To help protect themselves from being taken advantage of by financial sales professionals, retirees should ask the following questions about the financial professional seeking to provide investment advice or sell them an investment product:
“Are you a trustee and how are you registered?”
“This question is critical, as advisors can be dual-registered and operate as a broker AND a trustee, although they will still tell you they are a trustee,” says Eric Presogna, owner and CEO of One-Up Financial in Erie, Pennsylvania. . .
For more than two decades, the Securities and Exchange Commission (“SEC”) has allowed brokers to register as investment advisers and provide both types of services. Potential customers often find this dual capability confusing, but the difference is significant. SEC-registered investment advisers are required to act in a fiduciary capacity, while brokers do not have a similar obligation. Why is this distinction important?
“Advisors who have a fiduciary duty to their clients must put their clients’ best interests before their own at all times,” says David Rosenstrock, director and founder of Wharton Wealth Planning in New York City. “Many people are surprised to learn that this obligation is not required of all advisers. In fact, most advisors are not required to act as fiduciary in all of their interactions with a client. Non-fiduciary advisers often follow the adequacy standard, but that only requires that they provide clients with advice deemed “appropriate” for their situations; therefore, it offers fewer protections/safeguards to customers. The term fiduciary is not yet widely known and understood.
If you’re not sure what “fiduciary” really means, and it’s unclear what kind of professional service your potential service provider plans to offer, there are other avenues you can take to ensure that the provider is legally bound to always act in their best interest. interest. To determine this, you’ll need to dig a little deeper into the person’s certifications and licenses.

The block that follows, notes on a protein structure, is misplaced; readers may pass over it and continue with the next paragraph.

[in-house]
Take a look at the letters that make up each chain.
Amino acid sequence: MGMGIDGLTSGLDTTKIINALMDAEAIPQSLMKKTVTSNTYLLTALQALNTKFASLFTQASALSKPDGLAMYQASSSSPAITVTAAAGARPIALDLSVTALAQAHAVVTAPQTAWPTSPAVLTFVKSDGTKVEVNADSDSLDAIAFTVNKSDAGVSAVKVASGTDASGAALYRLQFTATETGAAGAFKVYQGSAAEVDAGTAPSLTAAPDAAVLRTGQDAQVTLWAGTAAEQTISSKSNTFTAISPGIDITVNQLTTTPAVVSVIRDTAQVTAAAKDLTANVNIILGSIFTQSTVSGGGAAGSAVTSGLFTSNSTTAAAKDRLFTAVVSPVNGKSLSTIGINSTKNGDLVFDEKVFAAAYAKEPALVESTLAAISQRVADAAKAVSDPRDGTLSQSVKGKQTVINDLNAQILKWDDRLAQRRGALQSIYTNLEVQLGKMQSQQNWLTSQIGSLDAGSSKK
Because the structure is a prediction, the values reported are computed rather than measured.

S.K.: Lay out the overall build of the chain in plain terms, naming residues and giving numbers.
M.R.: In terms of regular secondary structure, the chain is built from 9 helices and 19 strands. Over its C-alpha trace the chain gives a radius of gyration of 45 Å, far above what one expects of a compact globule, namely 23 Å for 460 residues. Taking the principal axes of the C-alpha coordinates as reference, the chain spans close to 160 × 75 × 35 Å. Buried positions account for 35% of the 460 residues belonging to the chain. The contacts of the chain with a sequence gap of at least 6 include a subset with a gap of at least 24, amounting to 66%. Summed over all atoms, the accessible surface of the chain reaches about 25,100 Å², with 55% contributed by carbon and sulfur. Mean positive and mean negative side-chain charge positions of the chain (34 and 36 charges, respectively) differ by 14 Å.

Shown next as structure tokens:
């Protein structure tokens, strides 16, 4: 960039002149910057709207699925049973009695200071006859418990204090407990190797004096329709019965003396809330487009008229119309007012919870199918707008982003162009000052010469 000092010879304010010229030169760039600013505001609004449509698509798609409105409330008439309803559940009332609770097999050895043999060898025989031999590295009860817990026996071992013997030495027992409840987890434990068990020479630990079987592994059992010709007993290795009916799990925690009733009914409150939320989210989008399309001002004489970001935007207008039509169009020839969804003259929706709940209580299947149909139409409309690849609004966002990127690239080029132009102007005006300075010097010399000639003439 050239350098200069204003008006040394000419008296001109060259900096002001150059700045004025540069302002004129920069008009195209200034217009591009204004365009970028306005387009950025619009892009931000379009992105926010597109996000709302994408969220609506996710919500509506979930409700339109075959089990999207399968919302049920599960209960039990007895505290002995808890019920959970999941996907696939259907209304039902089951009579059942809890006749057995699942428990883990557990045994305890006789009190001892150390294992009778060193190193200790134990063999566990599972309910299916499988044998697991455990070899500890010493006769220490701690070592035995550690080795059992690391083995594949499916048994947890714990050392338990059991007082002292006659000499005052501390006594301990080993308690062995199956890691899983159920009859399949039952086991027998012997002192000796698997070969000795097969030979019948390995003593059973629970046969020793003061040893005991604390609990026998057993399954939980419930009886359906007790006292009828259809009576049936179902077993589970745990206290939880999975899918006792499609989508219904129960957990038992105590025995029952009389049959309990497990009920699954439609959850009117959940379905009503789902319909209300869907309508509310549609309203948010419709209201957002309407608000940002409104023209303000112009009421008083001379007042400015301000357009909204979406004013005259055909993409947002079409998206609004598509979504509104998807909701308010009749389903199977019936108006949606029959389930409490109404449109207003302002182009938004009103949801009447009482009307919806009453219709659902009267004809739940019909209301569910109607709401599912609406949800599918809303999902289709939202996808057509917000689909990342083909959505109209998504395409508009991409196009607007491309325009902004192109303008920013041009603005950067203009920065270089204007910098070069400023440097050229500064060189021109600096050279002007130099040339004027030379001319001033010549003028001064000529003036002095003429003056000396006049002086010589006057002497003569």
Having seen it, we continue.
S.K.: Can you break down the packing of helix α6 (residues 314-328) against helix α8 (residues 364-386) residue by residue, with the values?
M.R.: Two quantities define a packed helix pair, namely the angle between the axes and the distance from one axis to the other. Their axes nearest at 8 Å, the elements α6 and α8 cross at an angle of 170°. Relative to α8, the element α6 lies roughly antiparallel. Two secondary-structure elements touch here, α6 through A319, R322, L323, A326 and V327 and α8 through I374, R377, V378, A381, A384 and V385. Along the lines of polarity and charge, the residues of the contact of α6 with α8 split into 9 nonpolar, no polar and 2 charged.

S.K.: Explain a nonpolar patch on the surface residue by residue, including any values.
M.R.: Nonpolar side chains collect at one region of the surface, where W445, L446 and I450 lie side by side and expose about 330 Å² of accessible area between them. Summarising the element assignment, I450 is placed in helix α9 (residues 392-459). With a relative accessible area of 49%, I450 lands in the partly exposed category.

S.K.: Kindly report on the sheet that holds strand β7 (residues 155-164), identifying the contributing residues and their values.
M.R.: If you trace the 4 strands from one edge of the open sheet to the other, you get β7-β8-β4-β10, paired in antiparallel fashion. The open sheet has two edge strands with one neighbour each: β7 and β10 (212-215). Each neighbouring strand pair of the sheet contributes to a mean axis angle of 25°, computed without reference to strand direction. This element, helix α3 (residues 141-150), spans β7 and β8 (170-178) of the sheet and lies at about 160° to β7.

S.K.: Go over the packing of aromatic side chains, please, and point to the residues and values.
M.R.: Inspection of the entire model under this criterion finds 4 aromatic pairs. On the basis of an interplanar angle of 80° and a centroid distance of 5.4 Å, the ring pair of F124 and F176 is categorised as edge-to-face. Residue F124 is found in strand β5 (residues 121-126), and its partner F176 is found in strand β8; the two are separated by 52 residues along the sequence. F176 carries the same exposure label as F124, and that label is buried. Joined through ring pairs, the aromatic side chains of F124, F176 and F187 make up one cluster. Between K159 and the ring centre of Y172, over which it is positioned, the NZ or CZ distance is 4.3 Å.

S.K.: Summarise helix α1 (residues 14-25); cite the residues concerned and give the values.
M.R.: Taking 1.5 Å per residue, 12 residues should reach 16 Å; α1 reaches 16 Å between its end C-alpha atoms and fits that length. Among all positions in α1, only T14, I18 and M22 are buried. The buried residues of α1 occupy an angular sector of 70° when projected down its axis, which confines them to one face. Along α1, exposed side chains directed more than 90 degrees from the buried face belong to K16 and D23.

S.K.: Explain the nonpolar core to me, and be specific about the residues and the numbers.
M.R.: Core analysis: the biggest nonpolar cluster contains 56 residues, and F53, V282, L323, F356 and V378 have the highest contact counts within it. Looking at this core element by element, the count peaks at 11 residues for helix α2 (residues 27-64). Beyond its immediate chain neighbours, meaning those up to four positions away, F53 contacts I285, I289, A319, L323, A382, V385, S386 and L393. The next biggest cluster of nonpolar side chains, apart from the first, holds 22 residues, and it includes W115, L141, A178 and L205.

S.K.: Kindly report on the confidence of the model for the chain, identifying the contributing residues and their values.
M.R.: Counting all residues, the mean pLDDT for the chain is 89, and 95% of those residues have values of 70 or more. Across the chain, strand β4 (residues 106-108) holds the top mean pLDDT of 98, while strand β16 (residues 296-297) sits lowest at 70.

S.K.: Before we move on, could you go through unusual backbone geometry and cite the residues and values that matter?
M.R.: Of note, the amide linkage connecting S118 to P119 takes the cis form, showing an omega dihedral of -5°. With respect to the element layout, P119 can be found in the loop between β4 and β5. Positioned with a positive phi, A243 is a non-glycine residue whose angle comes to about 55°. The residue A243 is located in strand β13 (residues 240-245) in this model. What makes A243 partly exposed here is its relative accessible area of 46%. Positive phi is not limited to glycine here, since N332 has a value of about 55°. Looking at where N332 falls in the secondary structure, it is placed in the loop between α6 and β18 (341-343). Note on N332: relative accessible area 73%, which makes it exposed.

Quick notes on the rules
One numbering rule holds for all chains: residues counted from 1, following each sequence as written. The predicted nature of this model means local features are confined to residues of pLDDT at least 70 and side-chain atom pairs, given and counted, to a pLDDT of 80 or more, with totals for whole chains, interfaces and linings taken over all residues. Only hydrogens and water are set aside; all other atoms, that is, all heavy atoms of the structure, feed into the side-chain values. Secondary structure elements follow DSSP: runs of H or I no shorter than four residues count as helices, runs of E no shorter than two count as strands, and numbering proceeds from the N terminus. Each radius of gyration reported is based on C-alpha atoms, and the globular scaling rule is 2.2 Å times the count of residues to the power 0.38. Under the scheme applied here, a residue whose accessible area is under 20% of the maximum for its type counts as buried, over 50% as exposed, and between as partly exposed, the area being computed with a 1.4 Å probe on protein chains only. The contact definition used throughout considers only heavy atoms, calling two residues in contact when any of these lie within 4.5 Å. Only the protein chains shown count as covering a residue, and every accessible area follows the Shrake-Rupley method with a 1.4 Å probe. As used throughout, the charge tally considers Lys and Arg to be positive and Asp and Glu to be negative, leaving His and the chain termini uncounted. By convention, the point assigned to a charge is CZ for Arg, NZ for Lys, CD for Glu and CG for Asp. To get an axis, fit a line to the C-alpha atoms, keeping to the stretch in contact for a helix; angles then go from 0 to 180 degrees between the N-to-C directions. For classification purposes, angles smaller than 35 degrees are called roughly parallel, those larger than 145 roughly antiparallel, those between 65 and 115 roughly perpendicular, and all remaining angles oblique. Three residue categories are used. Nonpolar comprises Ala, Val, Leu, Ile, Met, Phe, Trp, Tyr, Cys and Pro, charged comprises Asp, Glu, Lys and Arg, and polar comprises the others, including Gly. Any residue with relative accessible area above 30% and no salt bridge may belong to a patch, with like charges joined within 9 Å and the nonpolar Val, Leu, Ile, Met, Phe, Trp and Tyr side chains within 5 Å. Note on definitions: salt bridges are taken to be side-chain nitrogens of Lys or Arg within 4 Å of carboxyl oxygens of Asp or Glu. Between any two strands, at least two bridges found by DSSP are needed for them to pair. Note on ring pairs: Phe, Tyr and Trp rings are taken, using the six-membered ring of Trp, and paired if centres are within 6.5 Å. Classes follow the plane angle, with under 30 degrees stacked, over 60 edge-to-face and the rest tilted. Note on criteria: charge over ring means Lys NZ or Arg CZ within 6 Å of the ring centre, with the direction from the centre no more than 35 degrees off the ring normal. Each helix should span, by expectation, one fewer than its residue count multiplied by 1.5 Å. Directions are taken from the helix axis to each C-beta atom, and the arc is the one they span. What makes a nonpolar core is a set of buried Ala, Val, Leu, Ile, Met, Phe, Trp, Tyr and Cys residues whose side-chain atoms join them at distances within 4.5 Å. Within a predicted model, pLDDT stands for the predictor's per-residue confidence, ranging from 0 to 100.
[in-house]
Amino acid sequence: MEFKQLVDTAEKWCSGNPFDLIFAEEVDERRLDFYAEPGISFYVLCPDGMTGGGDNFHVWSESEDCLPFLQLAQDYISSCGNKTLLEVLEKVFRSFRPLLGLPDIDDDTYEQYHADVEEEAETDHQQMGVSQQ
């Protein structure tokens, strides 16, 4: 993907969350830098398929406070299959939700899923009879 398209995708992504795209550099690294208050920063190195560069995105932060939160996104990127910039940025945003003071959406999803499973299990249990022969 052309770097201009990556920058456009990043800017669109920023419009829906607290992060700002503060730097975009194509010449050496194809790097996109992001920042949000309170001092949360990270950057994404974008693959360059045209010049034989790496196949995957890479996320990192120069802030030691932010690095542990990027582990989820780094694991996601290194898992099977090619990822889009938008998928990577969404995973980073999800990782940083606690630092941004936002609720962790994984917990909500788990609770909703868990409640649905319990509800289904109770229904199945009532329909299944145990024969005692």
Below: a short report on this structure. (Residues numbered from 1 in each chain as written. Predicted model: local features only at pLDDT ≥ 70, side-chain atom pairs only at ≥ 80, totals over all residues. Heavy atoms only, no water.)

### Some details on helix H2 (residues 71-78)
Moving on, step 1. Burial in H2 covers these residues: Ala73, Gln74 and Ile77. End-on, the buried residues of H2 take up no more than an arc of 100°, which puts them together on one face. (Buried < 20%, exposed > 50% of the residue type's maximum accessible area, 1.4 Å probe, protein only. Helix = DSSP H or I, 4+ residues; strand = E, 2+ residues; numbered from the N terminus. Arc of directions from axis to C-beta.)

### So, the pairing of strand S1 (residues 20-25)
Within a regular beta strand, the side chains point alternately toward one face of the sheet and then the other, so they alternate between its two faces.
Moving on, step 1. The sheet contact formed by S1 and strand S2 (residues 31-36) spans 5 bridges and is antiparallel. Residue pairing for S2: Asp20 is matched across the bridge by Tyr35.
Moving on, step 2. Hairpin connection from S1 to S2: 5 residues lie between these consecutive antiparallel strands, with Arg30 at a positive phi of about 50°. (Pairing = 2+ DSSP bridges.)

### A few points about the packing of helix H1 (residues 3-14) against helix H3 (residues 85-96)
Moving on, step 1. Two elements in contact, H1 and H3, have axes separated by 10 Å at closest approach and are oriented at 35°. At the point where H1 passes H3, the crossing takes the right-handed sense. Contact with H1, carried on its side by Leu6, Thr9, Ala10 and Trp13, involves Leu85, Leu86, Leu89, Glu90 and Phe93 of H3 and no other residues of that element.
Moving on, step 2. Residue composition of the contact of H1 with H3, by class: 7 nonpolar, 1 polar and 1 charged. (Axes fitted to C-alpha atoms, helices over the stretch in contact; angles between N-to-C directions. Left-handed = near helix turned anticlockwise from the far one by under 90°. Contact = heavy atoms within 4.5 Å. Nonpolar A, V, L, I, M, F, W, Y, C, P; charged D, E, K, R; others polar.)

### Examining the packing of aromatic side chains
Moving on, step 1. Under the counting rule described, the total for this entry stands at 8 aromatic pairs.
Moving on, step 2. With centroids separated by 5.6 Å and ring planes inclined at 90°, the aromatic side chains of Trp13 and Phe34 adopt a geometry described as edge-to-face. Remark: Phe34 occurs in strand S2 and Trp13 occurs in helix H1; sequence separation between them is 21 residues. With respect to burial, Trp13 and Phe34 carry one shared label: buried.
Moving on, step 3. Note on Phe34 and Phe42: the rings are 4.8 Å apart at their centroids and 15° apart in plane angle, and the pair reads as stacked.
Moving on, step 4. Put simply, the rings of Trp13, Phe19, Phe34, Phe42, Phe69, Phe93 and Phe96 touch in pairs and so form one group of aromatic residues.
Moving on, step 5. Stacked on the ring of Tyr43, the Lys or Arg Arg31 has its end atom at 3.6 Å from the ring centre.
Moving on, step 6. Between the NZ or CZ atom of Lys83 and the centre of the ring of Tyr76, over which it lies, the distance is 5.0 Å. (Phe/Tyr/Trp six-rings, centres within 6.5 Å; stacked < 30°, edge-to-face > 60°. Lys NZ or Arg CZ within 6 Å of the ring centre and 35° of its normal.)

“Some red flags that an adviser isn’t always acting as a trustee include a Series 7 license and a Series 63 or 66 license,” says Rosenstrock. “If a financial adviser has a Series 7 license, that person can charge commissions on the sale of investments, which means that the professional is not always acting in a fiduciary capacity. A Series 63 or 66 is another license that a financial adviser needs to charge commissions for the sale of products.
“How long have you been doing this and what are your qualifications?”
Many advisers rely on word of mouth advertising because it implies an endorsement from the sender. While this may seem ideal, it doesn’t mean you shouldn’t do your own due diligence. After all, just because someone is friendly doesn’t make that person competent.
“It’s important for a retiree to understand the professional background and qualifications of the financial professional looking to sell them an investment product,” says Garett Polanco, CIO of Independent Equity in Fort Worth, Texas. “This can help the retiree determine if the professional is knowledgeable and competent in the field and can be trusted to provide good financial advice.”
If the professional is a registered investment adviser, you can do your own research on the individual or company. going to the SEC website. For brokers, you will need to go to a different website.
“If the adviser is a broker, check the broker’s credentials in FINRA Broker Verification Websitesays Coconut Creek-based financial author Craig Kirsner. “Also, look at the broker’s website and search for the broker online. Does the broker seem to have a good reputation? If there are many people with the same name as the broker, use quotation marks around the name to limit the search. Consult the broker with the Better Business Bureau. Also, go to the broker’s Google Maps location and see what reviews are there.”